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Intel sours Wall Street mood
- Chip-maker rules out recovery in the next quarter

San Francisco, Oct. 16: Striking a sour end-note to a day when the stock market rallied, the Intel Corp., the world’s largest maker of computer chips, reported earnings that sharply missed Wall Street expectations. The company said its fortunes were not likely to turn around next quarter, and it was not seeing a larger economic recovery.

“This should unfortunately short-circuit the rally—big time,” said Charlie Glavin, an analyst with ThinkEquity Partners, an investment research firm.

For its part, Intel attributed its performance to the fact that demand for semiconductors was on the low end of seasonal patterns, and also to the company’s increasing difficulty in finding ways to cut costs to cope with the lacklustr economic conditions.

Intel said that despite the weakness in its financial returns, it pushed ahead with the introduction of 18 new semiconductor products during the quarter and gained share in several crucial markets.

Still, during the third quarter, sales were $ 6.5 billion, which was on the low end of its earlier projections. Its profits pro forma—which excludes acquisition-related costs—were 11 cents a share. That was 2 cents lower than the pro forma consensus projections of Wall Street analysts, who had been projecting sales of $ 6.9 billion.

The sales for the quarter were just 3 per cent higher than the company had during its second quarter—low by historical standards.

But the number that stood out both for Intel and the analysts who follow it were its gross profit margins, which measure a company’s profits after subtracting the cost of producing goods. That figure was 49 per cent, on the low end of the company’s earlier estimates. In more profitable times, Intel’s gross margins had been in the high 50s, and even the low 60s.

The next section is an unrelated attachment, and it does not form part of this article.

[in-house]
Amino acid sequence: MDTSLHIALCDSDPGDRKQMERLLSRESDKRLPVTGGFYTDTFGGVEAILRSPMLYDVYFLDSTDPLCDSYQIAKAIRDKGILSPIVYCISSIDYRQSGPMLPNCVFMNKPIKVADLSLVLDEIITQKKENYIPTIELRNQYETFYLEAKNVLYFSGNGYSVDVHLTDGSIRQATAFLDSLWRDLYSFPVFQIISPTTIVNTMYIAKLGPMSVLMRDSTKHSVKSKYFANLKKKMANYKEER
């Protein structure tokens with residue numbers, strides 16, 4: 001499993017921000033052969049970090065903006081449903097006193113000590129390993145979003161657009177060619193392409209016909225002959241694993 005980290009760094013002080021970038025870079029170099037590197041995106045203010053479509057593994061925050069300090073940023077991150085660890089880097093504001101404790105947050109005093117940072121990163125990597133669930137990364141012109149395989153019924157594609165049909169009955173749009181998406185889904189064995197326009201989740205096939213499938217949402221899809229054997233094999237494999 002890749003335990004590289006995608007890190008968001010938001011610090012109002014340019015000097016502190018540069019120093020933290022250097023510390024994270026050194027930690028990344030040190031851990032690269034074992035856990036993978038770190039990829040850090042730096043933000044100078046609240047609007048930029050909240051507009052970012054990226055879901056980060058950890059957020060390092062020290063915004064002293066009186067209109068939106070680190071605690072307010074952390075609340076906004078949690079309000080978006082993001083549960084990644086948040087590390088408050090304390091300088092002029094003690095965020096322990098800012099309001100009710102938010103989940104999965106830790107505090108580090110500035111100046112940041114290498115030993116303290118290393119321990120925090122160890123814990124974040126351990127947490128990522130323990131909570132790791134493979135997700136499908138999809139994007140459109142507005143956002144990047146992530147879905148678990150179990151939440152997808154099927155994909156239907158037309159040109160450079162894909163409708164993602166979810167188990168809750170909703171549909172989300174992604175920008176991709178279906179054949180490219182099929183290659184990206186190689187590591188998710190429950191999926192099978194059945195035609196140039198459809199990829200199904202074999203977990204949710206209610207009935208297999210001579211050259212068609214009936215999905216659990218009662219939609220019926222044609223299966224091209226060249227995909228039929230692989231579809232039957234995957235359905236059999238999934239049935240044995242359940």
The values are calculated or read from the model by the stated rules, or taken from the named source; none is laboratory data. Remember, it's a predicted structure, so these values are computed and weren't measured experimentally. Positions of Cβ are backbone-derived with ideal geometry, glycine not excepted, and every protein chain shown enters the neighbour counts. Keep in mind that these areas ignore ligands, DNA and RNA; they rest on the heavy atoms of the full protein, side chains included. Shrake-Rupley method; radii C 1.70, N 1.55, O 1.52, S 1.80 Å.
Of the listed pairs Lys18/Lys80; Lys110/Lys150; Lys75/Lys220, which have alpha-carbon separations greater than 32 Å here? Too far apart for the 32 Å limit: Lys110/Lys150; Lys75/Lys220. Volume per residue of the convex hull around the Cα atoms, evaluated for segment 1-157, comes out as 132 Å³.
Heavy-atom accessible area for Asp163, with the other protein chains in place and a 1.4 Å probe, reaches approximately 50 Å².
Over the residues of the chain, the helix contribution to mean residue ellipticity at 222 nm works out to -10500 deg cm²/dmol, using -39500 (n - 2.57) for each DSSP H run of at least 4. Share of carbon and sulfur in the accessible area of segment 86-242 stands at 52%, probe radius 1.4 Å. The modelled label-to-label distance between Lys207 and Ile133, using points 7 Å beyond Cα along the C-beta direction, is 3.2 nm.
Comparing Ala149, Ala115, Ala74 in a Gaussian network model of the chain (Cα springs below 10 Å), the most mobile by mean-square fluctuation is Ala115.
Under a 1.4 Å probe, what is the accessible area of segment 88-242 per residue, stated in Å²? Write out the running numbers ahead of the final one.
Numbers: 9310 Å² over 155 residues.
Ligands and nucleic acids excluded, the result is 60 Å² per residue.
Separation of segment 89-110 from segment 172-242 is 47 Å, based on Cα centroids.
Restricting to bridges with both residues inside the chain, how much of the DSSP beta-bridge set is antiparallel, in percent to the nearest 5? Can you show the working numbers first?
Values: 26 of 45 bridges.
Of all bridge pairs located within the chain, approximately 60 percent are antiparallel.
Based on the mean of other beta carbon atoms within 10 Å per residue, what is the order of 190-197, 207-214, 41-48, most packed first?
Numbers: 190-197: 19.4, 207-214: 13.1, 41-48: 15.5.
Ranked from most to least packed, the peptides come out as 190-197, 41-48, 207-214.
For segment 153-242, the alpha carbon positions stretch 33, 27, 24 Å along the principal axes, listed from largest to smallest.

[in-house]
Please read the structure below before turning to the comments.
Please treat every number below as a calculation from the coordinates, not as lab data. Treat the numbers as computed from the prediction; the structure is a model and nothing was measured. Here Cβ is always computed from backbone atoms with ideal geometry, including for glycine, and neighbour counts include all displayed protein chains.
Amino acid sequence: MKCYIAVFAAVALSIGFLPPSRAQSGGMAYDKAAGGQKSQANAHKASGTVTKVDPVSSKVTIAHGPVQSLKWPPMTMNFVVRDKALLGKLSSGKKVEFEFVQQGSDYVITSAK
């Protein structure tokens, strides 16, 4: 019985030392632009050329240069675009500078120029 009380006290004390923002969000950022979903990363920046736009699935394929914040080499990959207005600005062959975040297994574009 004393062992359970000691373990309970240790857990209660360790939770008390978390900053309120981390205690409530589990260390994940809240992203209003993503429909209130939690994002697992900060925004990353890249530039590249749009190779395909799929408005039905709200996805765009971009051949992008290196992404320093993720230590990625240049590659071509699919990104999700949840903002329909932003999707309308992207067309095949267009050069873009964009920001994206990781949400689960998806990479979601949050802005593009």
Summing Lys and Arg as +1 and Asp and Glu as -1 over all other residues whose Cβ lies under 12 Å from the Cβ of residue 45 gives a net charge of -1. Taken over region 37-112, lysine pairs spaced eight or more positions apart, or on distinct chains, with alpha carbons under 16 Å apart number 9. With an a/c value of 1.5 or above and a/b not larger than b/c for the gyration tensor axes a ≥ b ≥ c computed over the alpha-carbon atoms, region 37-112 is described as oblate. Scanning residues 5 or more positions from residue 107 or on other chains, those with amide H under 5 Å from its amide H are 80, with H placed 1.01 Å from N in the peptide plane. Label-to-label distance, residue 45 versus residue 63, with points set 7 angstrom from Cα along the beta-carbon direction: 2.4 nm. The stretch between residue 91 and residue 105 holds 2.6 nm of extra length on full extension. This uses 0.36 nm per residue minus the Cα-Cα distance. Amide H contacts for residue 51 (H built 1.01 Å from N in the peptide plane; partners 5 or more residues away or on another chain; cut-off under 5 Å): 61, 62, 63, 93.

Andy Bryant, the chief financial officer, said in an interview that the company had hoped to improve its gross margins but had been unable to cut costs as much as it intended—and as much as it had been able to in previous quarters. “We were looking to take 3 to 4 percent out of manufacturing,” Bryant said. “We got next to none. We finally hit the wall.”

The company projected that its gross margins for the current quarter—the company’s fiscal fourth quarter—would remain around 49 per cent. And the company said that its sales for the fourth quarter would be $ 6.5 billion to $ 6.9 billion, which, even at the high end, would represent historically modest growth. “What we’re seeing is the low end of seasonal demand,” Bryant said.

He said that as part of a continuing effort to reduce its work force, the company plans to cut 4,000 of its 82,000 jobs during the current quarter.

“The economy is not recovering, at least in our industry,” Bryant said, adding that “until we see momentum with economic recovery,” the company will remain vigilant about keeping costs down.

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